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Your Oxford Story: Jodie Lancet Grant
30 June 2022
When my twin daughters were about three years old, they started to notice that our family, having two mums and no dad, was a little different to other people’s. As a self-confessed bookworm who has dedicated my entire professional life to making people buy as many books as possible (I’m a Publishing Comms Director in my day job) my first instinct was to seek out children’s titles that reflected our lives. What I found depressed and dismayed me: there was so little choice, and very little of the vibrant, funny, cool publishing that I know dominates leading publishers’ frontlists.
So, with a little encouragement from my wife, I set out to write my own.
It wasn’t a particularly new direction. I’d been writing on the side forever. Some of this was paid: literary reviews in national newspapers, the odd feature, usually on something LGBTQ+ in a magazine or website, copywriting for recruitment ads and even, once, questions for a timeline-based boardgame. More of it wasn’t: the three abandoned novels and some truly terrible poetry that lurk in the deepest recesses of my laptop’s hard drive.
But when I started to write for children, write stories that showed families like mine, stories I did not see myself when I was growing up, something clicked.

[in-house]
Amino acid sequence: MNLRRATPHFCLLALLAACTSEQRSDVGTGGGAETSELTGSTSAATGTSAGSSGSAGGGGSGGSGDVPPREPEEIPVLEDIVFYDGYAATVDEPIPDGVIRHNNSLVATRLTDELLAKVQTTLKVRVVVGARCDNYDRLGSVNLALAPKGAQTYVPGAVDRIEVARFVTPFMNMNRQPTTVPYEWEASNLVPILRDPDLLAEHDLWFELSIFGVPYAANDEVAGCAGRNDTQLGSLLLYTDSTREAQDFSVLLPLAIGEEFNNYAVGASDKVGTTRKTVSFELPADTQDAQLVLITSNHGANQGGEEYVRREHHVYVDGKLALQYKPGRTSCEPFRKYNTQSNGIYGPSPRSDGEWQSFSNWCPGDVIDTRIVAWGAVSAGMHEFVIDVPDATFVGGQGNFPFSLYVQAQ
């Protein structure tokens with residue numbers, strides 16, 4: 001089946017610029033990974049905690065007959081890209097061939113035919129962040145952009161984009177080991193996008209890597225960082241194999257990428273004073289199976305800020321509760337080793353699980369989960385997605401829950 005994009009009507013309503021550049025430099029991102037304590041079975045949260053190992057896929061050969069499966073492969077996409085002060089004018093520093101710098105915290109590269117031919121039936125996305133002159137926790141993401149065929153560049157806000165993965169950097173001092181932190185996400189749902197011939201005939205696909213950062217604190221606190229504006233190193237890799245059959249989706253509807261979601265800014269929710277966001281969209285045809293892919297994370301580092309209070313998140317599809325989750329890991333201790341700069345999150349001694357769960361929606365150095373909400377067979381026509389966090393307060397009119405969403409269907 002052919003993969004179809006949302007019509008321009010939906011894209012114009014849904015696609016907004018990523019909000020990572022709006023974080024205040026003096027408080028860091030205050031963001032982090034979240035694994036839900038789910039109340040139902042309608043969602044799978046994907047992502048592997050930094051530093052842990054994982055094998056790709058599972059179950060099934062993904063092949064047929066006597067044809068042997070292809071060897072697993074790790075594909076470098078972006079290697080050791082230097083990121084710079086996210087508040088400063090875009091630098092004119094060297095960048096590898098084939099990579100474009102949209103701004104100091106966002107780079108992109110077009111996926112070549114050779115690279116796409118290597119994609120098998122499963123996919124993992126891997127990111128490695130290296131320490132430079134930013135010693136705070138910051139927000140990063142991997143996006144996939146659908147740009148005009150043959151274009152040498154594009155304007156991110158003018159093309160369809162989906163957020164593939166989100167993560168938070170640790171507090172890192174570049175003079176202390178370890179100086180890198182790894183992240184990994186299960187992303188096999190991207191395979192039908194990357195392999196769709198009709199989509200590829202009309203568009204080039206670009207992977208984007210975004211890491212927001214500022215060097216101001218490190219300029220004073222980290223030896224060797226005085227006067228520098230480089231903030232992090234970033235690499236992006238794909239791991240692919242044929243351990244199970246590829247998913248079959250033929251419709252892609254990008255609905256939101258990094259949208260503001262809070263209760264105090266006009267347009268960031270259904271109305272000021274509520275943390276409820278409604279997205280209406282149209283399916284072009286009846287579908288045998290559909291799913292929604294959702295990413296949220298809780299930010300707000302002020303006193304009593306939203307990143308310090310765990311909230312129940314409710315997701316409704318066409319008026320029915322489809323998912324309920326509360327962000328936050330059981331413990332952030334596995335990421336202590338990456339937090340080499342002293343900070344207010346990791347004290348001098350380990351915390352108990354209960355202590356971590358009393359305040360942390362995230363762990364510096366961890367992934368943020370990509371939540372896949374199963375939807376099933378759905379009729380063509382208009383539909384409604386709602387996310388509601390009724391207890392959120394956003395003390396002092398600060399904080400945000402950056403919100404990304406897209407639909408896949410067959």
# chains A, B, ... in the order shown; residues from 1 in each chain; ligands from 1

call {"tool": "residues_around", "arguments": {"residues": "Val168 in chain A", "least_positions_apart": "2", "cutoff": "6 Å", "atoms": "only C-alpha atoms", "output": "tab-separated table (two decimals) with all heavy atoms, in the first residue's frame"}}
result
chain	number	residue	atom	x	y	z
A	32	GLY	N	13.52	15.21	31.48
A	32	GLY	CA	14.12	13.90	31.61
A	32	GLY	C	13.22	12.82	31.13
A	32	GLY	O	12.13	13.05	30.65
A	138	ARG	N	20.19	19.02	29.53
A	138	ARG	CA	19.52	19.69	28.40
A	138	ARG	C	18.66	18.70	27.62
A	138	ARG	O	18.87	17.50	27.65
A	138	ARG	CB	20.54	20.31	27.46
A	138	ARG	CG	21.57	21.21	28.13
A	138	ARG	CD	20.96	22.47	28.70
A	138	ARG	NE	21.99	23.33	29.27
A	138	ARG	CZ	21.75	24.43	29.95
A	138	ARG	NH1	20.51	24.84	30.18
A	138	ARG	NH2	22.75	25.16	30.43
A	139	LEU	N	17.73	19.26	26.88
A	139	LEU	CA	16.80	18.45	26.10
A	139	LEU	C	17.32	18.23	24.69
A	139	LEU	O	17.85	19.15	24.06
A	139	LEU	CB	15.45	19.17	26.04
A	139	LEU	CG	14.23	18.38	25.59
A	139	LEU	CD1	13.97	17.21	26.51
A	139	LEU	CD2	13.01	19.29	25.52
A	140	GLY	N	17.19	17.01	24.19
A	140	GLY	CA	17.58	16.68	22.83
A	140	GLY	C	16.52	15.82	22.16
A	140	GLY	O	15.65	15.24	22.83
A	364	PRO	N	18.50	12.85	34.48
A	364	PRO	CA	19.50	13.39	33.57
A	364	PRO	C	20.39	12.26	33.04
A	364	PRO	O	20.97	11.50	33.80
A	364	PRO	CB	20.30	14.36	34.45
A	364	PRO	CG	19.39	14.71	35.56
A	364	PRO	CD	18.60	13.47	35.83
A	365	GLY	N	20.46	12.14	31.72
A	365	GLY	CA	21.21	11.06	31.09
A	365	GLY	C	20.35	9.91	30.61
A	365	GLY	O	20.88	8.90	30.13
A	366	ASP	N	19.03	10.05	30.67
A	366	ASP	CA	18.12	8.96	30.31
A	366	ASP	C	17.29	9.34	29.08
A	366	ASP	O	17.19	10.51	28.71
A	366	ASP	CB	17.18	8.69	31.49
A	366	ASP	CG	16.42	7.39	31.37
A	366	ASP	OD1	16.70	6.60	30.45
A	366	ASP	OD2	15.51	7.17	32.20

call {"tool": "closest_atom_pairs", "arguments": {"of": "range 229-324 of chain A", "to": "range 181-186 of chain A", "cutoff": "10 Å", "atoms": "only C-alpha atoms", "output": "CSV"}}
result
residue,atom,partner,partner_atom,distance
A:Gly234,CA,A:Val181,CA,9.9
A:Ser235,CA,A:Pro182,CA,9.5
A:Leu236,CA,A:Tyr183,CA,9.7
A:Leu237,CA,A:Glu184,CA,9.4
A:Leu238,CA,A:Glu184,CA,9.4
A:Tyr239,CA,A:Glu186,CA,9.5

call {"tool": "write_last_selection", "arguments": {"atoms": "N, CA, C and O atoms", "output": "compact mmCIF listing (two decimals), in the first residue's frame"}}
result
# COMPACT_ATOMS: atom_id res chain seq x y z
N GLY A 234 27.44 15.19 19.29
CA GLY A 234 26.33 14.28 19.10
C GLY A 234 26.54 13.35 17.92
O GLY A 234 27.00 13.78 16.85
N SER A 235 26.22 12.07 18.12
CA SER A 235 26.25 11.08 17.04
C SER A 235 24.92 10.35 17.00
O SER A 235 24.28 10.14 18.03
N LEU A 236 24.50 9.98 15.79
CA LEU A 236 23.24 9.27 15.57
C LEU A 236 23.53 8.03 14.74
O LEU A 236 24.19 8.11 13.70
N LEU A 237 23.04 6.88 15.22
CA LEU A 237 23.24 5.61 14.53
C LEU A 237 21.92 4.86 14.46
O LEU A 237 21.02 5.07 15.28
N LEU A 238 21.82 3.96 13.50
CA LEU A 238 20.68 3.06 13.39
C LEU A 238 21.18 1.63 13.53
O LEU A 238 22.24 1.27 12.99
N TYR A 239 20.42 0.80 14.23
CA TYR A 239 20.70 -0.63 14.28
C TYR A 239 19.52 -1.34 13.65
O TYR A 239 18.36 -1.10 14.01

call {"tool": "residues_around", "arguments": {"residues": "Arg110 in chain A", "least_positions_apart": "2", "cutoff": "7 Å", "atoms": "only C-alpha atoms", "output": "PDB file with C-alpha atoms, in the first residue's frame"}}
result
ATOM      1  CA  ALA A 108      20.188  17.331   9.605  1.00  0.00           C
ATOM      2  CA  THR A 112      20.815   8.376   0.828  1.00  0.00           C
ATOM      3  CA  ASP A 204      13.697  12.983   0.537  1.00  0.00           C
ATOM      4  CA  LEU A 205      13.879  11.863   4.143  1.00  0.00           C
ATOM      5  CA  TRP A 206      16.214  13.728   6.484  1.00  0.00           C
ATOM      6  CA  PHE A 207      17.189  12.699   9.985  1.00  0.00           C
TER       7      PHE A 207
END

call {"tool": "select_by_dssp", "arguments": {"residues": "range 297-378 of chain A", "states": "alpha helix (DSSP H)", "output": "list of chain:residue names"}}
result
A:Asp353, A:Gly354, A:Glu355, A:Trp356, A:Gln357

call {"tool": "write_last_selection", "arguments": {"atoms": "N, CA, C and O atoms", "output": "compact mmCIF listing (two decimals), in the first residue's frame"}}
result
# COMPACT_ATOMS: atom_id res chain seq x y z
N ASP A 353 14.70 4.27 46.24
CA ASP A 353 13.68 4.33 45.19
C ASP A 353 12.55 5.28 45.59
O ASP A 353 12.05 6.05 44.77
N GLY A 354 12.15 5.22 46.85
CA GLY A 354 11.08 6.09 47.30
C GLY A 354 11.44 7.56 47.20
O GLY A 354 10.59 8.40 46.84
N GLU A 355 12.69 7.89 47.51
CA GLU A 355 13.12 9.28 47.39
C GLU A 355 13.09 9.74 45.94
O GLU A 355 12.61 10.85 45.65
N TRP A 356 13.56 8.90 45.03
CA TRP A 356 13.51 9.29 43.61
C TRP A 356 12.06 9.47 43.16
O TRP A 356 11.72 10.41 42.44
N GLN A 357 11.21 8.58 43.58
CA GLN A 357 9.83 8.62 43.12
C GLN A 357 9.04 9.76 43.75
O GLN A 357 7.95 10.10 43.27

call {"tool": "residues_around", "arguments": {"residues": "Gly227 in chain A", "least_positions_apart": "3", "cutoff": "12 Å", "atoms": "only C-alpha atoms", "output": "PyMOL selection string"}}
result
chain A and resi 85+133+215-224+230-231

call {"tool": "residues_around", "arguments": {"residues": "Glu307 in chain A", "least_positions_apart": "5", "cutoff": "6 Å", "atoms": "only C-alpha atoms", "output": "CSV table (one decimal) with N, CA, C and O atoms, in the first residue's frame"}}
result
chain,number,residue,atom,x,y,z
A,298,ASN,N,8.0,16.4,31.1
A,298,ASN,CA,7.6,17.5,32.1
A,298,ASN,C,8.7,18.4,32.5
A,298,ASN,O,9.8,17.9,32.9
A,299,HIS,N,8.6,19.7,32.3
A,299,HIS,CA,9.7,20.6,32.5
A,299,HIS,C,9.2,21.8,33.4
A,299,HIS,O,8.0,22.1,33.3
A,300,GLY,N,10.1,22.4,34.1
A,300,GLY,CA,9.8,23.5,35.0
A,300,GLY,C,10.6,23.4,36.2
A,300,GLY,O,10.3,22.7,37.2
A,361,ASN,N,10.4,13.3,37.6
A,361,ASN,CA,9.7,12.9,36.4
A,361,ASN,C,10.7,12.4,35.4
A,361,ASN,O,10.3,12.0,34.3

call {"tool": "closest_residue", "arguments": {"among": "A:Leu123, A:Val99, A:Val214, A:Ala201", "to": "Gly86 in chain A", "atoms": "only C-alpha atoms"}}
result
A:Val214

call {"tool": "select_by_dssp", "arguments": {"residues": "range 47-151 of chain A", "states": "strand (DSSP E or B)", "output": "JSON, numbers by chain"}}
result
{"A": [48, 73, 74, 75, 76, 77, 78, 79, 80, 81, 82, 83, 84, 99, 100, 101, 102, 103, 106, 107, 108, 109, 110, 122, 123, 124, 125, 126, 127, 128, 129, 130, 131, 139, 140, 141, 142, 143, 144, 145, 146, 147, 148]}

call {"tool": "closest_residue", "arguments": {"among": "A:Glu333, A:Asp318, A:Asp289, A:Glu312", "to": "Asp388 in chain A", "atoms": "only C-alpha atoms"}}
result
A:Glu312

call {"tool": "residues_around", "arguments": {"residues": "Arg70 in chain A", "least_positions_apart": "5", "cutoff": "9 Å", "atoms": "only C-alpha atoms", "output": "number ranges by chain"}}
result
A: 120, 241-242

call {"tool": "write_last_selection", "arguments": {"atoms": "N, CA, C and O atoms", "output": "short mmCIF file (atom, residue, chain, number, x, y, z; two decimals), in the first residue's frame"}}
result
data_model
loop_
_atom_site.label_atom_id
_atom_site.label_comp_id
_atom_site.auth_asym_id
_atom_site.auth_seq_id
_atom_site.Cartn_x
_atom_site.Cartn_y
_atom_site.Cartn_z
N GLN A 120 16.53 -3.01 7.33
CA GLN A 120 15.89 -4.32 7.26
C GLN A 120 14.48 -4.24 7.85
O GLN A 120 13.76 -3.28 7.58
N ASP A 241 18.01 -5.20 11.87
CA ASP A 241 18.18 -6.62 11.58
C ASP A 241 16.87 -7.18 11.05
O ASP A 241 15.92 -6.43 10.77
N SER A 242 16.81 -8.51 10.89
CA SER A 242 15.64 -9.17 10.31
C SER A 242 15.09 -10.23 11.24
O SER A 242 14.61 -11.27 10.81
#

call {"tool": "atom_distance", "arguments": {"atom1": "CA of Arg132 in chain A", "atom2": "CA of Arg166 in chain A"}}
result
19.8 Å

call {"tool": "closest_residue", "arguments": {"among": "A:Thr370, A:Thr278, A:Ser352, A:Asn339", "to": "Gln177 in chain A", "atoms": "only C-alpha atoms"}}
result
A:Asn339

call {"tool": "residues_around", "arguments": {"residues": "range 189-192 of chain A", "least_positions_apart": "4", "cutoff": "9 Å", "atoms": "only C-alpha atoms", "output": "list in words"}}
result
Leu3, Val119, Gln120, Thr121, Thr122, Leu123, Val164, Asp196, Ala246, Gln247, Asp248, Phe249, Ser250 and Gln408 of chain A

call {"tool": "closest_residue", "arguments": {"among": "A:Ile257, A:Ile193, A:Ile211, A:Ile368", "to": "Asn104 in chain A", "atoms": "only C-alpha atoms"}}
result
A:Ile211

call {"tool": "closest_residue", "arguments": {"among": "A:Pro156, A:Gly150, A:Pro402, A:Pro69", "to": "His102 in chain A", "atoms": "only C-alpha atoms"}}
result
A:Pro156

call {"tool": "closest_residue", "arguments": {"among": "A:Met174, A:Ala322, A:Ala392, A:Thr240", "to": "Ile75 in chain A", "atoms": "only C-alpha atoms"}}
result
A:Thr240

OUP was the publisher that made my dream of being an author, of seeing my books on shelves and in people’s hands (and even on TV – thanks to Sue Perkins and Cbeebies Bedtime story) come true. I had a couple of offers, but making the decision to go with OUP was an easy one. Not only did they blow me away with their enthusiasm for my debut, The Pirate Mums, they also had a clear and well-thought through plan of how they would get it to the widest possible audience.
More than that, I wanted to partner with OUP on publishing this book, and the next, The Marvellous Doctors for Magical Creatures, because of their unrivalled reach into classrooms. When I was growing up, Section 28 meant that any mention of LGBTQ+ life in schools was literally illegal. This hugely harmful policy erased queer people from history and made those of us in the present feel alone and unable to picture the kind of future lives we might have. I’ve been delighted to see my books used by teachers, to go into schools to show children that LGBTQ+ people exist, that we can have families and that our lives are joyful. OUP have worked with their teacher and charity contacts, too, to create amazing classroom packs that bring my books to life in lessons in beautiful and arresting ways.
I believe we learn our values young, and with OUP, I hope my books show children that love is love and that they should be proud of whoever they are.